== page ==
XI

VASSAL HOMAGE

1 THE MAN OF ANOTHER MAN

TO be the ‘man’ of another man: in the vocabulary of feudalism, no combination of words was more widely used or more comprehensive in meaning. In both the Romance and the Germanic tongues it was used to express personal dependence per se and applied to persons of all social classes regardless of the precise legal nature of the bond. The count was the ‘man’ of the king, as the serf was the ‘man’ of his manorial lord. Sometimes even in the same text, within the space of a few lines, radically different social stations were thus evoked. An instance of this, dating from the end of the eleventh century, is a petition of Norman nuns, complaining that their ‘men’—that is to say their peasants—were forced by a great baron to work at the castles of his ‘men’, meaning the knights who were his vassals.1 The ambiguity disturbed no one, because, in spite of the gulf between the orders of society, the emphasis was on the fundamental element in common: the subordination of one individual to another.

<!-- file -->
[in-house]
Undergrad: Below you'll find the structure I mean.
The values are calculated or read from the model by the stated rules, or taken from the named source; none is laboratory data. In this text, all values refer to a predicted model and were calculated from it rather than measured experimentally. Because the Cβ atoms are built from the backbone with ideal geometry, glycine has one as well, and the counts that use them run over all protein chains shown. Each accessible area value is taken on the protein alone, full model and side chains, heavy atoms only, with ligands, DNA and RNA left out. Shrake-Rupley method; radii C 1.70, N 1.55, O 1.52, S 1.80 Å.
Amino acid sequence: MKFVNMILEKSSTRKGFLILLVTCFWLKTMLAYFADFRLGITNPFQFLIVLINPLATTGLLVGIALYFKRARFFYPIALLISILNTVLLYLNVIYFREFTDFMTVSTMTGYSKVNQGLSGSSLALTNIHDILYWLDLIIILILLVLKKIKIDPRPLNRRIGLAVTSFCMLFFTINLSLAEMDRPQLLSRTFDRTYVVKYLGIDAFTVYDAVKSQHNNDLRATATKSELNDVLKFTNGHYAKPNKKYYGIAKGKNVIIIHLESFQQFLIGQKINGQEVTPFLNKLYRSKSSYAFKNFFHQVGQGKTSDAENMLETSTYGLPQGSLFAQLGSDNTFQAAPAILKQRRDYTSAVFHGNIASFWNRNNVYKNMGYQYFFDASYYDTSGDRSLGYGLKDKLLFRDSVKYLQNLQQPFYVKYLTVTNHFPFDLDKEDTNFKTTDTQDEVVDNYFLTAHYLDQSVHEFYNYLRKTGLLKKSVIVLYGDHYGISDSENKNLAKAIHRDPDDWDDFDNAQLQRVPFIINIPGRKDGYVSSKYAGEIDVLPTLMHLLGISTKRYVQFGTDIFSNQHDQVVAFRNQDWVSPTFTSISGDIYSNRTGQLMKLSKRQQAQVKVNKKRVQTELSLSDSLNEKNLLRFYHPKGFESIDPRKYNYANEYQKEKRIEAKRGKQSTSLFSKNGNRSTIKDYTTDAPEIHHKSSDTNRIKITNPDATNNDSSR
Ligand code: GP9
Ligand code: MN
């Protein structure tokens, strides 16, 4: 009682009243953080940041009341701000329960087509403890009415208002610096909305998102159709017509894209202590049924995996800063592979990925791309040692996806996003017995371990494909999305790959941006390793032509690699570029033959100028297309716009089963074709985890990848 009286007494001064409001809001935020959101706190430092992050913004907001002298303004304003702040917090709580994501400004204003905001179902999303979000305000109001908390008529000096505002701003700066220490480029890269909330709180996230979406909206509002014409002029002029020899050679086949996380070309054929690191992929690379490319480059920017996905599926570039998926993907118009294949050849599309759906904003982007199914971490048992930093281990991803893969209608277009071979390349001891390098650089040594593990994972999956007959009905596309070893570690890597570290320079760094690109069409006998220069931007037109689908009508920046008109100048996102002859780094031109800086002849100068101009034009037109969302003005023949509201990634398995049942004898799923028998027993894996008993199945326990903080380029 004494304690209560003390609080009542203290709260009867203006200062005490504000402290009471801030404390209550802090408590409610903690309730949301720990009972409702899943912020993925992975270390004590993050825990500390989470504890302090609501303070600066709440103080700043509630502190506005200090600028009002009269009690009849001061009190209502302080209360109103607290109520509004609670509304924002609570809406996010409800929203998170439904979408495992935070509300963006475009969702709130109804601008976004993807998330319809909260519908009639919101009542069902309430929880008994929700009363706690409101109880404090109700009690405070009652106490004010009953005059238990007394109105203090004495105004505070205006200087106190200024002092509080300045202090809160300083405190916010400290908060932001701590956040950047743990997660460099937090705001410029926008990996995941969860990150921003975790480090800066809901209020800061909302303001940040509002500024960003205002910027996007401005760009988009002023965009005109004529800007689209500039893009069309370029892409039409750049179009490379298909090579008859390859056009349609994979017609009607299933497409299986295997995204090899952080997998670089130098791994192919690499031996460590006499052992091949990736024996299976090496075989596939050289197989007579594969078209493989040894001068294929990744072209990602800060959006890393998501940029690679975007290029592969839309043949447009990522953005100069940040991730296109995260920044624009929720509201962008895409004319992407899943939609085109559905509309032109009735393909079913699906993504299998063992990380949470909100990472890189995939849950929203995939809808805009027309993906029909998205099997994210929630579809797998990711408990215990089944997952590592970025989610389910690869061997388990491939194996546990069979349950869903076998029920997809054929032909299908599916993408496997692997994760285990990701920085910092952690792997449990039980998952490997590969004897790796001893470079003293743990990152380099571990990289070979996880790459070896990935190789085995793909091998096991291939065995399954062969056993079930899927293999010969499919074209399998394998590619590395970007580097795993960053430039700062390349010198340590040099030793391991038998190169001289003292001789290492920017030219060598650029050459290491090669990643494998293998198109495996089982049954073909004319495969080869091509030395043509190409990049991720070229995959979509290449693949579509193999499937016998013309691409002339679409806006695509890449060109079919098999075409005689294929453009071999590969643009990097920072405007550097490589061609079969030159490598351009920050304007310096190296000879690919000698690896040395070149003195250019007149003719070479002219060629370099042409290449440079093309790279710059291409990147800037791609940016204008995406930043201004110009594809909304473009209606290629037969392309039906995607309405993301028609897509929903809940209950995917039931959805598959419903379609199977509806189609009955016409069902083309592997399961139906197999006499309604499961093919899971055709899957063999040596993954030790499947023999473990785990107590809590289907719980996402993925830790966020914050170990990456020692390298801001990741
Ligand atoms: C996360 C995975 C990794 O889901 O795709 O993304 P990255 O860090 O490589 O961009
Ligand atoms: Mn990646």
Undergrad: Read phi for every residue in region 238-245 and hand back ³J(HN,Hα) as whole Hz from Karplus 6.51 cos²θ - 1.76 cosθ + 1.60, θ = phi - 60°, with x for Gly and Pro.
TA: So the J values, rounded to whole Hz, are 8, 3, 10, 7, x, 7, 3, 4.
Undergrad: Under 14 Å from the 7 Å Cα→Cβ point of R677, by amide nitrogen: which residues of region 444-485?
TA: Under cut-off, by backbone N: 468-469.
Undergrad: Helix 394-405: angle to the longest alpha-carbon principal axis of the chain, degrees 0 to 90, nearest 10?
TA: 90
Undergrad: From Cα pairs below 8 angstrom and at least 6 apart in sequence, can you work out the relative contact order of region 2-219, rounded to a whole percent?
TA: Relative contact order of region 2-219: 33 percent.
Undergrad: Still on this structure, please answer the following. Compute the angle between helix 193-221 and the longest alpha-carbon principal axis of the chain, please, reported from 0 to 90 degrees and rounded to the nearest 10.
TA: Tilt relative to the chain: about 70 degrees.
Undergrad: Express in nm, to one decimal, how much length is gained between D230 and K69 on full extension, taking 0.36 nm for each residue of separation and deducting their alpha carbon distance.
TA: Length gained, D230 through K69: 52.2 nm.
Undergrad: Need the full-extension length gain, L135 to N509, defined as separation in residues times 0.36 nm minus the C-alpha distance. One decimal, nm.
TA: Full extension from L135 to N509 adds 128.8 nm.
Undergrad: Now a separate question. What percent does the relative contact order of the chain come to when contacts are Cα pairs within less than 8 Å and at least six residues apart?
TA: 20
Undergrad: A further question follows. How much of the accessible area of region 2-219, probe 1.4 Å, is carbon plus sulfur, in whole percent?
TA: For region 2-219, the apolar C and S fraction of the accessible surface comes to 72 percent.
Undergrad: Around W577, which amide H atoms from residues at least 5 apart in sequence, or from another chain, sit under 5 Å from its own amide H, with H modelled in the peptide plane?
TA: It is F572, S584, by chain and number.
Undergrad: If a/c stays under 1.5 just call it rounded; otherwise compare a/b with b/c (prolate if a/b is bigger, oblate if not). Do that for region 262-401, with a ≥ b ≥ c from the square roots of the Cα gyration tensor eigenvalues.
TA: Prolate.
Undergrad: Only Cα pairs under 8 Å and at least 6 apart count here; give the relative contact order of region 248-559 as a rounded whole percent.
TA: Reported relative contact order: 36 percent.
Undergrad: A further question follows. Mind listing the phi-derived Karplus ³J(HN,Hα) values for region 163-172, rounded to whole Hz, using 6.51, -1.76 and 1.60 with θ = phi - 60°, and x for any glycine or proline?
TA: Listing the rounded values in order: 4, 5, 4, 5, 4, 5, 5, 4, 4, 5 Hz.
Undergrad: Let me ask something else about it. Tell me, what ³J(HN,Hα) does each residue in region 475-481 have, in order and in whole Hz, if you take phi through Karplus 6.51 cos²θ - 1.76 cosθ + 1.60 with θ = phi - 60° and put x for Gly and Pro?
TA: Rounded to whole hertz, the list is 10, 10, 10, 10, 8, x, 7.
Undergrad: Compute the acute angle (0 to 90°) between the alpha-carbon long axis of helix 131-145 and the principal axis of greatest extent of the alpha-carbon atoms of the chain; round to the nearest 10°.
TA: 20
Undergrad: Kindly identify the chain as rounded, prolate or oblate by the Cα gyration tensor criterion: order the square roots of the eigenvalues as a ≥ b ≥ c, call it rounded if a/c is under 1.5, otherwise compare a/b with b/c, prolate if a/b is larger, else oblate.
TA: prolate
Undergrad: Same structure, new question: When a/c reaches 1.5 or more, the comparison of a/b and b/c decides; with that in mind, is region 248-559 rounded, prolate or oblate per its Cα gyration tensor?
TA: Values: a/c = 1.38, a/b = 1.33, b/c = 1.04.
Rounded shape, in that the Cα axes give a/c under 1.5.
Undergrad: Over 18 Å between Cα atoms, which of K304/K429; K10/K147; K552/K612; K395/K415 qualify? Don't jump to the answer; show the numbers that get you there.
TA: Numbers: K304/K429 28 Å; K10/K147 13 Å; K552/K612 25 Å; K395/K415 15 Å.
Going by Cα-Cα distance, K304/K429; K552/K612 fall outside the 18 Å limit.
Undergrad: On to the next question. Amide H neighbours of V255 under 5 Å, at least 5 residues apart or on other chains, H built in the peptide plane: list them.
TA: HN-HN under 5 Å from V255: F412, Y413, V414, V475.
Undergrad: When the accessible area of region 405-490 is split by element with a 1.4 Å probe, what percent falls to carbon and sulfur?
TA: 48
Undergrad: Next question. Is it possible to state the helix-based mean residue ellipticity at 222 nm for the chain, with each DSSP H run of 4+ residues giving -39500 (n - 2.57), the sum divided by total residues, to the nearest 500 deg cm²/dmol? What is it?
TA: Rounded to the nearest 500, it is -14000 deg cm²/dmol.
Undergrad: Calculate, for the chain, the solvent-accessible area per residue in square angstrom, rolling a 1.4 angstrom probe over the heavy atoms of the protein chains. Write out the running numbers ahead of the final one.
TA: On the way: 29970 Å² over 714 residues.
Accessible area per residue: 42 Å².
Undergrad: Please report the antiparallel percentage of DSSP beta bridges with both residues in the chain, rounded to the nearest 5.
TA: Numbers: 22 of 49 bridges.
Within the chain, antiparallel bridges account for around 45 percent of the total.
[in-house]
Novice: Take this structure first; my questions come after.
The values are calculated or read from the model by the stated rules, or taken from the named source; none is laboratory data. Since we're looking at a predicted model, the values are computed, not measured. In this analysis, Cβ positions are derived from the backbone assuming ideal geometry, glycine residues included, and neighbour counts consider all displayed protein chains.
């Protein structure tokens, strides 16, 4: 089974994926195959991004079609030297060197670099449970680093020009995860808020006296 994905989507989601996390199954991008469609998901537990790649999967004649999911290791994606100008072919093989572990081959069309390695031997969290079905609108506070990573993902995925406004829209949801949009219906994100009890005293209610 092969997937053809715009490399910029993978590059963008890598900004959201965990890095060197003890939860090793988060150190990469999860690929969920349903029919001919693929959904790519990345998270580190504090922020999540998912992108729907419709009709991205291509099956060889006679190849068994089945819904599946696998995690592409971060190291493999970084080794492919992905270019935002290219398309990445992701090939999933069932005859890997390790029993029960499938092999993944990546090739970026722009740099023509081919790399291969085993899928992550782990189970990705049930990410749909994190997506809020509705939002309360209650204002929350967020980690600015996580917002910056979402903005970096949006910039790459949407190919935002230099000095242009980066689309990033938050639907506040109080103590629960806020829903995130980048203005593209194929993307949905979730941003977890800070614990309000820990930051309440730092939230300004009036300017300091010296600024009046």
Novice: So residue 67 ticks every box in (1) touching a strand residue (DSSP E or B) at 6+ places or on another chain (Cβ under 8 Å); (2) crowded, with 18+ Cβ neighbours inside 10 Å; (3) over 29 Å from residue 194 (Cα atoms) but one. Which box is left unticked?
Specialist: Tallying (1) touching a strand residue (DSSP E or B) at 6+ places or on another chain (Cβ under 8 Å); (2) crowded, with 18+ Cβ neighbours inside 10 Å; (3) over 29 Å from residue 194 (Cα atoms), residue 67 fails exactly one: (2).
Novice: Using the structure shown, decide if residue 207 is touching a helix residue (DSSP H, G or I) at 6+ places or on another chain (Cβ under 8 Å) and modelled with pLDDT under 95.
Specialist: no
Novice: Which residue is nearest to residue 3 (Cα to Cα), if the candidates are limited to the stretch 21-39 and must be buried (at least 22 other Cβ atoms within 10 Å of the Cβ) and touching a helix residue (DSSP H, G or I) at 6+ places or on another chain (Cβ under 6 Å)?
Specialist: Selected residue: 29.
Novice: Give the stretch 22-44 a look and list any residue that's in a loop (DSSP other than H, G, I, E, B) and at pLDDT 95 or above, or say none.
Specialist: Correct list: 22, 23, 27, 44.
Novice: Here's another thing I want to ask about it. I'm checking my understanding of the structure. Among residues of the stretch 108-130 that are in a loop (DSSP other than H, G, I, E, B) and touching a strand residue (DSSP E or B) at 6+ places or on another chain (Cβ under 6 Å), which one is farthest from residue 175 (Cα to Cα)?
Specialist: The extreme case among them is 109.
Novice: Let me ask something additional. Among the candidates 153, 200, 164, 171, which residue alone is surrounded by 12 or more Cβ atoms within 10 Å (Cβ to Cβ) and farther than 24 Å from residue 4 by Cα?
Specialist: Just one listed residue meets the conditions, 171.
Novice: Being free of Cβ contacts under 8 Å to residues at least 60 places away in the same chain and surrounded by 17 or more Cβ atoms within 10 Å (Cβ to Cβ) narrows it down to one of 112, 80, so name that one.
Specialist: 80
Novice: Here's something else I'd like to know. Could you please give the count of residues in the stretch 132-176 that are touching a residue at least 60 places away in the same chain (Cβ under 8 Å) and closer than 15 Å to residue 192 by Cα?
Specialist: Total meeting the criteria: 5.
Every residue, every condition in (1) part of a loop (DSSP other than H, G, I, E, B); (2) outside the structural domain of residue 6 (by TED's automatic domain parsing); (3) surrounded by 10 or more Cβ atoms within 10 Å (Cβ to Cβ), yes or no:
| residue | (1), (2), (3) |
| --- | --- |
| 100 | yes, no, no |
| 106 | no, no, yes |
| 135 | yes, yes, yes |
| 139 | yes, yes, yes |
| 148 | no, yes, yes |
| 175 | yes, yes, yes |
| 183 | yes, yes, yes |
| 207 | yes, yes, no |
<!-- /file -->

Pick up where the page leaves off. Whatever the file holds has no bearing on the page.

If, however, the principle of this human nexus permeated the whole life of society, the forms which it assumed were none the less very diverse—with sometimes almost imperceptible transitions, from the highest to the humblest. Moreover there were many variations from country to country. It will be useful if we take as a guiding thread one of the most significant of these relationships of dependence, the tie of vassalage; studying it first in the most highly ‘feudalized’ zone of Europe, namely, the heart of the former Carolingian Empire, northern France, the German Rhineland and Swabia; and endeavouring, before we embark on any inquiries into its origins, to describe the most striking features of the institution at the period of its greatest expansion, that is to say, from the tenth to the twelfth century.


2 HOMAGE IN THE FEUDAL ERA

Imagine two men face to face; one wishing to serve, the other willing or anxious to be served. The former puts his hands together and places them, thus joined, between the hands of the other man—a plain symbol of

1 C.H. Haskins, Norman Institutions, Cambridge (Mass.), 1918 (Harvard Historical Studies, XXIV), p. 63.

-145-

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